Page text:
Go Big or Go Home
Over the past 10 years we’ve carved out a bit of a niche for ourselves for being able to deliver large volume animation projects. It’s an interesting area as you need to blend creative skills with a lot of tech and processes to get the best result. It began with a multinational company asking for 18 x 6-minute animations in 10 weeks and the most recent project is for 120k personalised videos for a global audience.
So, in the spirit of LinkedIn sharing, here’s the best insights that we’ve gained:
Get killer people on board
Big projects need smart, organised, experienced and unflustered individuals to run them, and focussed creatives to get it right the first time. I wouldn’t even dream of taking on big projects were it not for an unshakeable Production team who aren’t daunted by the big projects.
Make sure everyone sees the same vision.
You need a plan that everyone has signed off on. All projects need a plan of course, but it’s crucial that everyone from animators to end-client see a transparent plan. We make sure our clients have a clear understanding of where ‘flex’ exists for those unexpected spanners that are thrown in the mix, but also where hard milestones are that must be hit.
Constant communication is key.
Big projects can make clients nervous, so to keep them out of the dark we have;
– a colourful dashboard of how each video is progressing that the client can take a look anytime and gain confidence that everything is moving along nicely.
– a weekly status meeting with the end-client to answer questions.
– A hotline to the Producer 24/7
Build a production line.
This really goes against our whole ethos as creatives to want to build or use a production line, but in reality, it means everyone is using their specialism at the right time so waste is minimal. The script sign off triggers the storyboard artists, the assets get created next, animators fire up once everything has been signed off before and so on. It’s surprising how much it actually makes for a happy team.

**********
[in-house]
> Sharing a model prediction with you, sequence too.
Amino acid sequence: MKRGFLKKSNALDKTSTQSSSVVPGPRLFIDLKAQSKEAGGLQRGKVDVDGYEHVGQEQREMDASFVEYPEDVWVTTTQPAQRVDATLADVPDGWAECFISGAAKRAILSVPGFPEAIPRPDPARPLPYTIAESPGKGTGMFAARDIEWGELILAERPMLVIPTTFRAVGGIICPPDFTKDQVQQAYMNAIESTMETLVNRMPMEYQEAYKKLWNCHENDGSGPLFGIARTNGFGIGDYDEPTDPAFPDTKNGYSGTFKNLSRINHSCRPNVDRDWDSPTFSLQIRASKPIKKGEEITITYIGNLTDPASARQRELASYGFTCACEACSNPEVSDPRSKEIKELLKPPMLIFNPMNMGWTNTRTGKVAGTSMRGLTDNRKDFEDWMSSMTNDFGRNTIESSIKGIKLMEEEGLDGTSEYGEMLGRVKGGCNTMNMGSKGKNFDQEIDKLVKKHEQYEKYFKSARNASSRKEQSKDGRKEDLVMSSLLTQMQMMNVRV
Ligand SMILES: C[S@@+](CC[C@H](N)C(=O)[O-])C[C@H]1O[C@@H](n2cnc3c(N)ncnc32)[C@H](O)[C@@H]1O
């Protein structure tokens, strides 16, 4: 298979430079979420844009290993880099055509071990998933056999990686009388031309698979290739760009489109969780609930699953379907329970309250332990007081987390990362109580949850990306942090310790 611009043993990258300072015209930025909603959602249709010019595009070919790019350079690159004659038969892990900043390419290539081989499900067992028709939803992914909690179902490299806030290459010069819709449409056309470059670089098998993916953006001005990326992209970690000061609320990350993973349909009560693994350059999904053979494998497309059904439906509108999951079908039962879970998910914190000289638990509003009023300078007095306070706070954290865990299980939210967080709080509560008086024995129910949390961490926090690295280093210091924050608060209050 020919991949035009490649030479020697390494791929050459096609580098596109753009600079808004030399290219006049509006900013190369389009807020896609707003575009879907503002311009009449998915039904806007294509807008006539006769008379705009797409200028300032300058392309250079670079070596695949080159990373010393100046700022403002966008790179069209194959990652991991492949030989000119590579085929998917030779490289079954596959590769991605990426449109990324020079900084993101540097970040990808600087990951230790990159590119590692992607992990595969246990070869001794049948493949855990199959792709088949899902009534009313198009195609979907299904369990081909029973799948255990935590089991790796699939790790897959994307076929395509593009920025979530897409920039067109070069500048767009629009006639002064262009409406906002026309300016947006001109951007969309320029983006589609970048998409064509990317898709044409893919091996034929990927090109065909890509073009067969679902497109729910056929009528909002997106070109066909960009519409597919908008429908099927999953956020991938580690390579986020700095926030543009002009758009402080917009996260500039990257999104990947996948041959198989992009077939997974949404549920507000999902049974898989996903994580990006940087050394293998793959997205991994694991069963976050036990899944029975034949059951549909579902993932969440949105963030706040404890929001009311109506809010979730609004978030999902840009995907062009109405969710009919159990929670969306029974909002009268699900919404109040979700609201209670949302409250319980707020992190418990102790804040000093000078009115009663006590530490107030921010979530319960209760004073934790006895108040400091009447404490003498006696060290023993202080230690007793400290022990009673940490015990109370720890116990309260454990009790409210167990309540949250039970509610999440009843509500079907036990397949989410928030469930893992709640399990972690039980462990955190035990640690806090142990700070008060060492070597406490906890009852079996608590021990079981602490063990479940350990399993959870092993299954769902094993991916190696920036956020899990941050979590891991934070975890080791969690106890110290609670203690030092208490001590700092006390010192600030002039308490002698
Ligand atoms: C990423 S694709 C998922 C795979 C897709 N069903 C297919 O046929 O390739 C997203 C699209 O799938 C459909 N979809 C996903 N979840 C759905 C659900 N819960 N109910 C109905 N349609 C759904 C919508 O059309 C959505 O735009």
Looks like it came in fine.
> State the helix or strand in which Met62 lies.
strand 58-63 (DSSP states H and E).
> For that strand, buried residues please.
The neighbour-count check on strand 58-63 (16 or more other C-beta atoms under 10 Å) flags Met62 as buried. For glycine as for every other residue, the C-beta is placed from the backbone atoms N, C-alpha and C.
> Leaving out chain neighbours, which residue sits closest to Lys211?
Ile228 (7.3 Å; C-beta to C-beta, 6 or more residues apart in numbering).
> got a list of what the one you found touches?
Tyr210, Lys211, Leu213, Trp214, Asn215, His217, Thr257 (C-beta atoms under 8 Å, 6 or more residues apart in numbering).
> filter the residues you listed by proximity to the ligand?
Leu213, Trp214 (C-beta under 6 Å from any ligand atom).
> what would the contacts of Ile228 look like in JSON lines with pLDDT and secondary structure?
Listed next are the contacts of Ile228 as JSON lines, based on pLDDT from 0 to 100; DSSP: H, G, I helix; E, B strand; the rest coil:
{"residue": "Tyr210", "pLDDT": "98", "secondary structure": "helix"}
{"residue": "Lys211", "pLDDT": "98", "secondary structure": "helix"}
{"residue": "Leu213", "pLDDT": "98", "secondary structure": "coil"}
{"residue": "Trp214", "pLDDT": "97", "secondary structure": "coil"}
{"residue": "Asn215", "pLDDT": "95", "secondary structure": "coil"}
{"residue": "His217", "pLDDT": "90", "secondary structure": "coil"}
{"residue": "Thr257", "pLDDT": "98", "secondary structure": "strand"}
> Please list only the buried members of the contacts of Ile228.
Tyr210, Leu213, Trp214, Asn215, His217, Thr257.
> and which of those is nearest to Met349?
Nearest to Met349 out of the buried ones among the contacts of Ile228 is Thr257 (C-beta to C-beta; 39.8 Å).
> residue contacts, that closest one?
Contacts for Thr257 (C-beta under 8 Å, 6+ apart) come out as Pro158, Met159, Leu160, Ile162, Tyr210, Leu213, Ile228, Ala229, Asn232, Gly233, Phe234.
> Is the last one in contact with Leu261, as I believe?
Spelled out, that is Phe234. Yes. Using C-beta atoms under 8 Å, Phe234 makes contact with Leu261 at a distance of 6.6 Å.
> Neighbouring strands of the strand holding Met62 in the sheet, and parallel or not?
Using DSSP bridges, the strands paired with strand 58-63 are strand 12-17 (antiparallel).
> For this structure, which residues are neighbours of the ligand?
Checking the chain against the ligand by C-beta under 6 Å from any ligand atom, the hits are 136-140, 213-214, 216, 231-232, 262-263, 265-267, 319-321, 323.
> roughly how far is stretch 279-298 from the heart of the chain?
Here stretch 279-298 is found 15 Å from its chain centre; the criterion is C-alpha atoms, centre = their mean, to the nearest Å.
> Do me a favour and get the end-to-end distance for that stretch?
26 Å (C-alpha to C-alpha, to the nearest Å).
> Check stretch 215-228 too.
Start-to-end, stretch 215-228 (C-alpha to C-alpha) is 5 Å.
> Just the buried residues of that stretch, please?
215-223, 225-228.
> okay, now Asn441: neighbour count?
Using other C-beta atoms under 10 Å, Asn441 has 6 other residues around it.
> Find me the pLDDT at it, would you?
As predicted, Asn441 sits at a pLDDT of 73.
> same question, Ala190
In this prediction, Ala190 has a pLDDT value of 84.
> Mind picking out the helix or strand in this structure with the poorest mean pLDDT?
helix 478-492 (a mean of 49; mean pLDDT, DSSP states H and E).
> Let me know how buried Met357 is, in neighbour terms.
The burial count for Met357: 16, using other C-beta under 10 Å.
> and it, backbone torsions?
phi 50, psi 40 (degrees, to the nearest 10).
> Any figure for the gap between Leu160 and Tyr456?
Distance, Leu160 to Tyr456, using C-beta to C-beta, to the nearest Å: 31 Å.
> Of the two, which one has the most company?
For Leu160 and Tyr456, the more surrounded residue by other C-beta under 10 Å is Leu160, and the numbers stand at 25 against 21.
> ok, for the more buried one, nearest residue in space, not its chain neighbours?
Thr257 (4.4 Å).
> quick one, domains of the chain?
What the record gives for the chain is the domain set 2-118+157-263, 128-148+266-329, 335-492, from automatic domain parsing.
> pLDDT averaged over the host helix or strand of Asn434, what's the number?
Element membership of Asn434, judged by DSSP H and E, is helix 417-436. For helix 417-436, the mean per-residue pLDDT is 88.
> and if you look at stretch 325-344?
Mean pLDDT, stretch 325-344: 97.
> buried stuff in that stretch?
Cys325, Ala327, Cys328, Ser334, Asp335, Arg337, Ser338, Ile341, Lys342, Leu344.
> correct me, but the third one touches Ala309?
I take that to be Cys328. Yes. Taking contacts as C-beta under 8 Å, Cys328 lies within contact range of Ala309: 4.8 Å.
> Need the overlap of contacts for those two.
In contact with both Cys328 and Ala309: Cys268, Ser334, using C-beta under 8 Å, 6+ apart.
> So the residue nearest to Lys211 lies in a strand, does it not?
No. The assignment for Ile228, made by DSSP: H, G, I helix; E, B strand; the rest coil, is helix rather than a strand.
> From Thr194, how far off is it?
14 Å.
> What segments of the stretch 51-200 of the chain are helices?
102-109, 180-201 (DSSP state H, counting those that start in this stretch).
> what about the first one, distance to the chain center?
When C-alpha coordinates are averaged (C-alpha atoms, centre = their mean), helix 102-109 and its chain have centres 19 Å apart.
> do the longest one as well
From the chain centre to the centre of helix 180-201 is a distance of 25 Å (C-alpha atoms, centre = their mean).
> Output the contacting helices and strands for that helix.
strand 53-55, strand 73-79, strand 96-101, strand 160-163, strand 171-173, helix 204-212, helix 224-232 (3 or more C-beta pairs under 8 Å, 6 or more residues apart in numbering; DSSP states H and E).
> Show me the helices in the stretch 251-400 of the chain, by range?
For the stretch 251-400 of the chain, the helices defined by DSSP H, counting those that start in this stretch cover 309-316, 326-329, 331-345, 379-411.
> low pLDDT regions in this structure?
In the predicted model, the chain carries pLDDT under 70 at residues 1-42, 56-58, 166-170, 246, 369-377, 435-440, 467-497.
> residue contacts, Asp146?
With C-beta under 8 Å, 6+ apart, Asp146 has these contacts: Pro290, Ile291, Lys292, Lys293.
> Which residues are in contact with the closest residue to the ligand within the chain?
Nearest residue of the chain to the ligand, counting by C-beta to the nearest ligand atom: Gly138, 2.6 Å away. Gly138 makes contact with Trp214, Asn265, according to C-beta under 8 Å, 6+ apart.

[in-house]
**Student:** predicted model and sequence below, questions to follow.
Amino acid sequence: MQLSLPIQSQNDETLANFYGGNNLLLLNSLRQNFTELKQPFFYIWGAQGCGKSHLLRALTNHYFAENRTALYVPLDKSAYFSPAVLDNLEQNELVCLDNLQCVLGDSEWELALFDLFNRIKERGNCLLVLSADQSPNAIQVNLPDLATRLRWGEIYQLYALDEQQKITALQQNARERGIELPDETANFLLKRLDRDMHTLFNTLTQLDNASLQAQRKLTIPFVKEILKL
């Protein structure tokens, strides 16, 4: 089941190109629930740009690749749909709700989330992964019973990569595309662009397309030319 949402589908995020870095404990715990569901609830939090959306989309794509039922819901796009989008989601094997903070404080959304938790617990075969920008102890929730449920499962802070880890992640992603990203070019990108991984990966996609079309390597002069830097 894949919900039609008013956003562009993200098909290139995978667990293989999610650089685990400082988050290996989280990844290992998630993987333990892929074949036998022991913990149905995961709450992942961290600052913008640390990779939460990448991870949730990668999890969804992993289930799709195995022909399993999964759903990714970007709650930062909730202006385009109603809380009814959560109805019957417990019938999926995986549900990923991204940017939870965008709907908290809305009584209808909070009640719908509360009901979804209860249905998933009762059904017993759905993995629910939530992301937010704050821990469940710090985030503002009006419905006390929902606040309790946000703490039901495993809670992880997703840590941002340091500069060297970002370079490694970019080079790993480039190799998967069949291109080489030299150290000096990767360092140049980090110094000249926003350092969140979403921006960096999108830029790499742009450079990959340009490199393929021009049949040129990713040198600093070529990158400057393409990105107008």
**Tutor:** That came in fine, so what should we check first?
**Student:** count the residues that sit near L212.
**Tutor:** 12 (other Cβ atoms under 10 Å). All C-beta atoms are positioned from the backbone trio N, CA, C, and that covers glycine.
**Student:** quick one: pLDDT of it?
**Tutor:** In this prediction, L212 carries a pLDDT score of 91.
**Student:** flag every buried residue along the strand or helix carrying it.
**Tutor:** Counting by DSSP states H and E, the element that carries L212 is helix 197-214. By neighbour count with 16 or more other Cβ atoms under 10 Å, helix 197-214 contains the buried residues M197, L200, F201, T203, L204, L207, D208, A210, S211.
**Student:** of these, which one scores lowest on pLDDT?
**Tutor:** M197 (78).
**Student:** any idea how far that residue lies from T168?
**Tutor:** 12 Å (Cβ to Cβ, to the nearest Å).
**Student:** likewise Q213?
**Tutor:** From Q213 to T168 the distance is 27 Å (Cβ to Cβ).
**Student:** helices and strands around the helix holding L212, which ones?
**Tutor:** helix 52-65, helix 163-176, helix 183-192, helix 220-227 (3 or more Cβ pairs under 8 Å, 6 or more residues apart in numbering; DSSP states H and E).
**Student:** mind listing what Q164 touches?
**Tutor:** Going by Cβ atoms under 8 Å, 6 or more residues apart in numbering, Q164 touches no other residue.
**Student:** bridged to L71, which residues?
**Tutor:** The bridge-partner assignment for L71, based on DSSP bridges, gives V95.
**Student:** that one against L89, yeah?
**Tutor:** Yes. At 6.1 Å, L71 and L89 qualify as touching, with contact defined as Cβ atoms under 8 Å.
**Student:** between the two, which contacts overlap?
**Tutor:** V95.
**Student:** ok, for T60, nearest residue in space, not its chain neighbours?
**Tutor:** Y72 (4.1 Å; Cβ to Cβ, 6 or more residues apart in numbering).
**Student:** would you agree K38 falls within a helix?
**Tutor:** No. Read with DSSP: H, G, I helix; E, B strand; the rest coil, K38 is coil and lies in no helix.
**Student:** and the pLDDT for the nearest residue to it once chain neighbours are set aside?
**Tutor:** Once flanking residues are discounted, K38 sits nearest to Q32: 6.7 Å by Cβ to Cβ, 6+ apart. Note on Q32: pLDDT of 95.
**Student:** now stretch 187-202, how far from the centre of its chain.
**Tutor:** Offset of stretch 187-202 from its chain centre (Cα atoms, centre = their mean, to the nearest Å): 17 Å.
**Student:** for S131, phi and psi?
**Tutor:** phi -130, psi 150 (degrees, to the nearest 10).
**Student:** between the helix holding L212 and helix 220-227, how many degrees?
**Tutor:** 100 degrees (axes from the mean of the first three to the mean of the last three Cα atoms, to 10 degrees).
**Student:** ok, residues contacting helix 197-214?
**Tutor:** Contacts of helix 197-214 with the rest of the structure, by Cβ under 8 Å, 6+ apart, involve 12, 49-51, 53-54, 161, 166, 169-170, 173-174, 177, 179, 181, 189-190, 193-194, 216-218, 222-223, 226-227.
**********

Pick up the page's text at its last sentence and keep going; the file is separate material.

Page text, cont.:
Invest in some serious tech.
The first job I ever did as a freelancer, the client paid me less than I invoiced for because after spending a day sitting by my side he said my PC was slow and that the render time wasn’t something he should pay for. He had a legitimate point, it was a slow PC back then! To create large amounts of content there’s going to be a lot of test renders and final renders, so beefy computers are a must. Anything that speeds up this process even further will pay dividends down the line and keep to the schedule!
So, good people, single vision, clear comms, production line mentality and a tech advantage.
This makes it sound easy right? To be honest, large scale video content creation is a wild ride and certainly isn’t for everyone, but it’s a hell of a rush!